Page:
• Introspection of container state and (more difficult) the host OS itself in order to identify compromises

These aren't easy jobs, but they're important, and I'm hoping that the lack of obvious development in areas like this is merely a symptom of the youth of the technology rather than a lack of meaningful desire to make things better. But until things improve, it's going to be far too easy to write containers off as a "convenient, cheap, secure: choose two" tradeoff. That's not a winning strategy.

[1] Companies using hypervisors! Audit your qemu setup to ensure that you're not providing more emulated hardware than necessary to your guests. If you're using KVM, ensure that you're using sVirt (either selinux or apparmor backed) in order to restrict qemu's privileges.
[2] There's apparently some support for loading per-namespace Apparmor policies, but that means that the process is no longer confined by the sVirt policy
[3] To be fair, last time I ran Trinity under Docker under a VM, it ended up killing my host. Glass houses, etc.

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Syndicated 2014-10-23 07:47:36 from Matthew Garrett

Actions have consequences (or: why I'm not fixing Intel's bugs any more)

A lot of the kernel work I've ended up doing has involved dealing with bugs on Intel-based systems - figuring out interactions between their hardware and firmware, reverse engineering features that they refuse to document, improving their power management support, handling platform integration stuff for their GPUs and so on. Some of this I've been paid for, but a bunch has been unpaid work in my spare time[1].

Recently, as part of the anti-women #GamerGate campaign[2], a set of awful humans convinced Intel to terminate an advertising campaign because the site hosting the campaign had dared to suggest that the sexism present throughout the gaming industry might be a problem. Despite being awful humans, it is absolutely their right to request that a company choose to spend its money in a different way. And despite it being a dreadful decision, Intel is obviously entitled to spend their money as they wish. But I'm also free to spend my unpaid spare time as I wish, and I no longer wish to spend it doing unpaid work to enable an abhorrently-behaving company to sell more hardware. I won't be working on any Intel-specific bugs. I won't be reverse engineering any Intel-based features[3]. If the backlight on your laptop with an Intel GPU doesn't work, the number of fucks I'll be giving will fail to register on even the most sensitive measuring device.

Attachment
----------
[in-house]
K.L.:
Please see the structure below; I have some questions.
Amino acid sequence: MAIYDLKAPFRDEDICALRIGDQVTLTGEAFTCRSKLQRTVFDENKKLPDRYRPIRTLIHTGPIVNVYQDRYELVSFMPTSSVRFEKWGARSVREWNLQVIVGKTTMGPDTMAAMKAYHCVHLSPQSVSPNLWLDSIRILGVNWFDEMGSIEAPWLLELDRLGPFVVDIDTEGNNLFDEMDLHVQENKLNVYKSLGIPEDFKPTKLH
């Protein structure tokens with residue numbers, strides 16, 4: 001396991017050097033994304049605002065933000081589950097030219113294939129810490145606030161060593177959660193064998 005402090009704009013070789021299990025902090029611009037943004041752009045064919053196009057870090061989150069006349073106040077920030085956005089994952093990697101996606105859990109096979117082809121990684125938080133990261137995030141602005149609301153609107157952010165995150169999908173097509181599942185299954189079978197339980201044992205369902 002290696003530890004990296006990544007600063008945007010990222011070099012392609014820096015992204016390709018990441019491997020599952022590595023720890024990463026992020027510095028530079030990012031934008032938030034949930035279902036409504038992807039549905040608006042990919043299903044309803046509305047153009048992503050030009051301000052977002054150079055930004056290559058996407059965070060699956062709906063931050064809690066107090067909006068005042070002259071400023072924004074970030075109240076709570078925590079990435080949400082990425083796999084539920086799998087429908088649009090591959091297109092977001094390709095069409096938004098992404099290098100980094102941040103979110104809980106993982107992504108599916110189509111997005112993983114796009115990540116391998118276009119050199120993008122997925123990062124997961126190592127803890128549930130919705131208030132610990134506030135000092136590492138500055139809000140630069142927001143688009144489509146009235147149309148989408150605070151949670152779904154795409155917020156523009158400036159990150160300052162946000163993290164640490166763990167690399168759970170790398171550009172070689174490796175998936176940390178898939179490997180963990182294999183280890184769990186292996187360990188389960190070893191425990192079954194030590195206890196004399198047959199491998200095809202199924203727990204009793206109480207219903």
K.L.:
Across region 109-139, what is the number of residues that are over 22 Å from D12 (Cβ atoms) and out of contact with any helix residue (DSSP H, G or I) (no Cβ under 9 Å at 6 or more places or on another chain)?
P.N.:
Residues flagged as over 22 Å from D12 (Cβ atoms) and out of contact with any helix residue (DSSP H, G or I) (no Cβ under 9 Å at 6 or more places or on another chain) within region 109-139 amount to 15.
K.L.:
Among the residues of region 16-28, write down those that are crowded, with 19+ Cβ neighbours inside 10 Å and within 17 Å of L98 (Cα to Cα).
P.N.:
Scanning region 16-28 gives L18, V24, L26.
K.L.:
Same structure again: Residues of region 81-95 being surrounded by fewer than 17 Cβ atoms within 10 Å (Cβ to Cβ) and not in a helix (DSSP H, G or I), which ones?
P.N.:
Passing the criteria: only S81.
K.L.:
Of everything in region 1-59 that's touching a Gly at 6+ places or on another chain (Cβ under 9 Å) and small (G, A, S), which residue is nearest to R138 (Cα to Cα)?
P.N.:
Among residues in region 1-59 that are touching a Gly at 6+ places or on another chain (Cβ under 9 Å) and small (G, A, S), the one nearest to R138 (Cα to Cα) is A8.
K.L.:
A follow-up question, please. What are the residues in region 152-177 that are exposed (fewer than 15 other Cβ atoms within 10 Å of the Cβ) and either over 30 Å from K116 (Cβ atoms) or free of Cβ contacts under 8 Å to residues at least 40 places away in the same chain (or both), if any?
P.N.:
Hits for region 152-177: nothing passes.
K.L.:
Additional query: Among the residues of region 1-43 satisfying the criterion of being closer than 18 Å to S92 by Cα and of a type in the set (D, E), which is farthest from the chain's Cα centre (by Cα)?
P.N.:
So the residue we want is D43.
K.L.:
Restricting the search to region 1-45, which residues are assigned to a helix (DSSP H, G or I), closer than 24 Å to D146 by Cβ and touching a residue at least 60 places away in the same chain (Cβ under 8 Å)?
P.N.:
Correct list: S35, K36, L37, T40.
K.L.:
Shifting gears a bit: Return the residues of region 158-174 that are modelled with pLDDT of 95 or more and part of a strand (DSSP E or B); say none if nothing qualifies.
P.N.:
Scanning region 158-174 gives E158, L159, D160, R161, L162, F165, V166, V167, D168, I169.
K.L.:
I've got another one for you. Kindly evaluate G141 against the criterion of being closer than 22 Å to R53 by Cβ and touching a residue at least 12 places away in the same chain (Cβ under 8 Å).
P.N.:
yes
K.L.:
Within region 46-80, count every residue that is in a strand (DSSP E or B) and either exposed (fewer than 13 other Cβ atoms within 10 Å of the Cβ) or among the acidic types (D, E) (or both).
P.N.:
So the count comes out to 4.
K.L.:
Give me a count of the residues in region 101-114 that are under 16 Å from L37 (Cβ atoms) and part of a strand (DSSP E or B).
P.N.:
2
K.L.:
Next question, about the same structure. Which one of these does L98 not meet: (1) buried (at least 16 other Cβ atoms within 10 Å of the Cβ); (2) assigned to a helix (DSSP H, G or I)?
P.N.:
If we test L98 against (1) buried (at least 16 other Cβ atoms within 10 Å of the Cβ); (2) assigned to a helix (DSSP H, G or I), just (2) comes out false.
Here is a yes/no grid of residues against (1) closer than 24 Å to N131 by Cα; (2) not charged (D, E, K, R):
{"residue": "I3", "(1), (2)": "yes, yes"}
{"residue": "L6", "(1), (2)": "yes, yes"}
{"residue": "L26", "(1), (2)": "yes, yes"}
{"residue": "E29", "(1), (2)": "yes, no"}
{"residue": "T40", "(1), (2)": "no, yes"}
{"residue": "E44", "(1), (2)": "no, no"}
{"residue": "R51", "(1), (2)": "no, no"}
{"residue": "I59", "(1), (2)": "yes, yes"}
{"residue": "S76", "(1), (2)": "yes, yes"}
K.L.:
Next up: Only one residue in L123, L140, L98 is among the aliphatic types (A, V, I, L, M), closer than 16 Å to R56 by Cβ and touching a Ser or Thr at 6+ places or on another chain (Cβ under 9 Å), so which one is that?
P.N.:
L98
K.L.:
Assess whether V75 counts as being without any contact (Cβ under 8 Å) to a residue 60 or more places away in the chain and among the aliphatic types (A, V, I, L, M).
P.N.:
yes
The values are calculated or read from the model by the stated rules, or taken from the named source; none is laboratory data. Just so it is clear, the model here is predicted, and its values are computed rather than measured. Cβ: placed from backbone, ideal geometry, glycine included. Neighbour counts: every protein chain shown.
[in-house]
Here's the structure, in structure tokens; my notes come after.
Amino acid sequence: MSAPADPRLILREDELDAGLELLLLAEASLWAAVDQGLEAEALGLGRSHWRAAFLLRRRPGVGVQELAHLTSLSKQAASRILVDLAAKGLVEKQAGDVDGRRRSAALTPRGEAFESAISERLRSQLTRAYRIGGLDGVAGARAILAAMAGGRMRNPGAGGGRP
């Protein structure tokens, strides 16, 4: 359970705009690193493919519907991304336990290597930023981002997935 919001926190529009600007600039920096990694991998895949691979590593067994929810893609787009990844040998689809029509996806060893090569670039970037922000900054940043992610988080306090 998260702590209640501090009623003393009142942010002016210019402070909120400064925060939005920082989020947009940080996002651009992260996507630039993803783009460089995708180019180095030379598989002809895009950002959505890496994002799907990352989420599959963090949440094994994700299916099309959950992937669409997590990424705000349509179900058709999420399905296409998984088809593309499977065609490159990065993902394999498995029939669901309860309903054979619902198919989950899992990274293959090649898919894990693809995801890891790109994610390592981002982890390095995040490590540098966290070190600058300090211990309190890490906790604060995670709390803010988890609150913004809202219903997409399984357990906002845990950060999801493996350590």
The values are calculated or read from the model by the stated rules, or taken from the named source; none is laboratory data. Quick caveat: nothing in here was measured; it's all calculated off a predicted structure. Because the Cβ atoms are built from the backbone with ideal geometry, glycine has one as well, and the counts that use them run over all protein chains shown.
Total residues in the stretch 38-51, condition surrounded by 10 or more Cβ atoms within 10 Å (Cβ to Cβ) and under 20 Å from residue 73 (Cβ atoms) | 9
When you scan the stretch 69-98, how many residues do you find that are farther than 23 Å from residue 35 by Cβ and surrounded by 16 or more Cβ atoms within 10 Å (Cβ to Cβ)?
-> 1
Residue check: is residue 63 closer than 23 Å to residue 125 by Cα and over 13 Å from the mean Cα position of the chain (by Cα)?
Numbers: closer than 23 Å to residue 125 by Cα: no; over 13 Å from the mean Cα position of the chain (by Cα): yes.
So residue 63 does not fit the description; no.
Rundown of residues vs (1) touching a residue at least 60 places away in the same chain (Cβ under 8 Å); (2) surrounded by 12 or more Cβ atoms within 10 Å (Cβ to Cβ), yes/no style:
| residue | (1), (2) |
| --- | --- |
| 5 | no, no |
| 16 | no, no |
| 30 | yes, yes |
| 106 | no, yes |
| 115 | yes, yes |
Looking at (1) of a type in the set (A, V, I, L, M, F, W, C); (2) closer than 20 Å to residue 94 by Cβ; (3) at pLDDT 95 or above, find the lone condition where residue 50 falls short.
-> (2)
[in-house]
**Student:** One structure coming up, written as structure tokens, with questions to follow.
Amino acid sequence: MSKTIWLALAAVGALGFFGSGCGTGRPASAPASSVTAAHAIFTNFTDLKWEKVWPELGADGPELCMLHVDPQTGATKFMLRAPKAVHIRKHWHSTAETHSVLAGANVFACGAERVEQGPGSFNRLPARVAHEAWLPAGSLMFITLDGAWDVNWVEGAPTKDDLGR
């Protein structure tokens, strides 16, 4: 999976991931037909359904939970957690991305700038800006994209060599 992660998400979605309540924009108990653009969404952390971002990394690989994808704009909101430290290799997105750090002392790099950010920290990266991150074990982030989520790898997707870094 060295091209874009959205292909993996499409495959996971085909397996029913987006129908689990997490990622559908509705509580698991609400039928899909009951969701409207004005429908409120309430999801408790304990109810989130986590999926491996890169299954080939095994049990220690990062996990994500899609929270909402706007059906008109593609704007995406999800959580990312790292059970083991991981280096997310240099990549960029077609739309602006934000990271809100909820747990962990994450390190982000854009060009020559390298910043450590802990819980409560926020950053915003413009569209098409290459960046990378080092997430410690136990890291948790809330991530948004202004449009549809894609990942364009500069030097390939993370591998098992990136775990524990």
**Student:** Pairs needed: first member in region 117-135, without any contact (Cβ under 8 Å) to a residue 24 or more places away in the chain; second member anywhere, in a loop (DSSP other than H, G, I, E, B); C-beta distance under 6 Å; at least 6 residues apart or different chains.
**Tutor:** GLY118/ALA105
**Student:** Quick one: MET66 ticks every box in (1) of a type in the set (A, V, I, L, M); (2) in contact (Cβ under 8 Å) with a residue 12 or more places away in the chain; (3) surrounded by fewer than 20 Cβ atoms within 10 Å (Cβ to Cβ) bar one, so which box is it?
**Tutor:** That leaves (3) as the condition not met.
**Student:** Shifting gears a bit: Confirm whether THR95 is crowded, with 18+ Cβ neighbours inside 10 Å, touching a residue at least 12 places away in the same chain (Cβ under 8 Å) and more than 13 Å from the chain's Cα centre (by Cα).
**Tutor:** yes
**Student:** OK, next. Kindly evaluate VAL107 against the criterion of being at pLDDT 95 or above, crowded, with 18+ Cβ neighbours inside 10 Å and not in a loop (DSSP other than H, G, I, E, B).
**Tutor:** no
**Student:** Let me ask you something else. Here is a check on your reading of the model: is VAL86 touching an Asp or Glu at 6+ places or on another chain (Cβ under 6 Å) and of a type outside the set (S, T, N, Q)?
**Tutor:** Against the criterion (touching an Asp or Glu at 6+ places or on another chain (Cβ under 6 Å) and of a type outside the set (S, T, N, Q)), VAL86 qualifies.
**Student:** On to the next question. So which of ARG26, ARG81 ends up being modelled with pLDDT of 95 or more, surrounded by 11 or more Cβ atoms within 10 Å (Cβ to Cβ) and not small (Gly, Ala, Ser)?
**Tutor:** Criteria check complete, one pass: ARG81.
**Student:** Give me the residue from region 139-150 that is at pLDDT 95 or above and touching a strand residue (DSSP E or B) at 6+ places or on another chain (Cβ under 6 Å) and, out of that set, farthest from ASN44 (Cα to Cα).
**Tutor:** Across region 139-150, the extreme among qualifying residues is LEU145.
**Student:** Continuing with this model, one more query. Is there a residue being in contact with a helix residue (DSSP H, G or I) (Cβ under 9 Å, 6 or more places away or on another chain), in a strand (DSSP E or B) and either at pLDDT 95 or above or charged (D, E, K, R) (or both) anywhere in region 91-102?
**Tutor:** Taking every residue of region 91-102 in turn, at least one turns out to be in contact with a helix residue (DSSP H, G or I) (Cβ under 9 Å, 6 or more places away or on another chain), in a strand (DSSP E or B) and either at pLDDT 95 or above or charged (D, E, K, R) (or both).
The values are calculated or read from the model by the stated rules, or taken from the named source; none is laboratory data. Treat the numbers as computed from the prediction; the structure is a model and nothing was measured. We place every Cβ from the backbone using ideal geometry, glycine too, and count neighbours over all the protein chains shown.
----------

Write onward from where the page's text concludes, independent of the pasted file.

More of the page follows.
On the plus side, this is probably going to significantly reduce my gin consumption.

[1] In the spirit of full disclosure: in some cases this has resulted in me being sent laptops in order to figure stuff out, and I was not always asked to return those laptops. My current laptop was purchased by me.

[2] I appreciate that there are some people involved in this campaign who earnestly believe that they are working to improve the state of professional ethics in games media. That is a worthy goal! But you're allying yourself to a cause that disproportionately attacks women while ignoring almost every other conflict of interest in the industry. If this is what you care about, find a new way to do it - and perhaps deal with the rather more obvious cases involving giant corporations, rather than obsessing over indie developers.

For avoidance of doubt, any comments arguing this point will be replaced with the phrase "Fart fart fart".

[3] Except for the purposes of finding entertaining security bugs

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Syndicated 2014-10-02 16:40:29 from Matthew Garrett

My free software will respect users or it will be bullshit

I had dinner with a friend this evening and ended up discussing the FSF's four freedoms. The fundamental premise of the discussion was that the freedoms guaranteed by free software are largely academic unless you fall into one of two categories - someone who is sufficiently skilled in the arts of software development to examine and modify software to meet their own needs, or someone who is sufficiently privileged[1] to be able to encourage developers to modify the software to meet their needs.

The problem is that most people don't fall into either of these categories, and so the benefits of free software are often largely theoretical to them. Concentrating on philosophical freedoms without considering whether these freedoms provide meaningful benefits to most users risks these freedoms being perceived as abstract ideals, divorced from the real world - nice to have, but fundamentally not important. How can we tie these freedoms to issues that affect users on a daily basis?

In the past the answer would probably have been along the lines of "Free software inherently respects users", but reality has pretty clearly disproven that. Unity is free software that is fundamentally designed to tie the user into services that provide financial benefit to Canonical, with user privacy as a secondary concern. Despite Android largely being free software, many users are left with phones that no longer receive security updates[2]. Textsecure is free software but the author requests that builds not be uploaded to third party app stores because there's no meaningful way for users to verify that the code has not been modified - and there's a direct incentive for hostile actors to modify the software in order to circumvent the security of messages sent via it.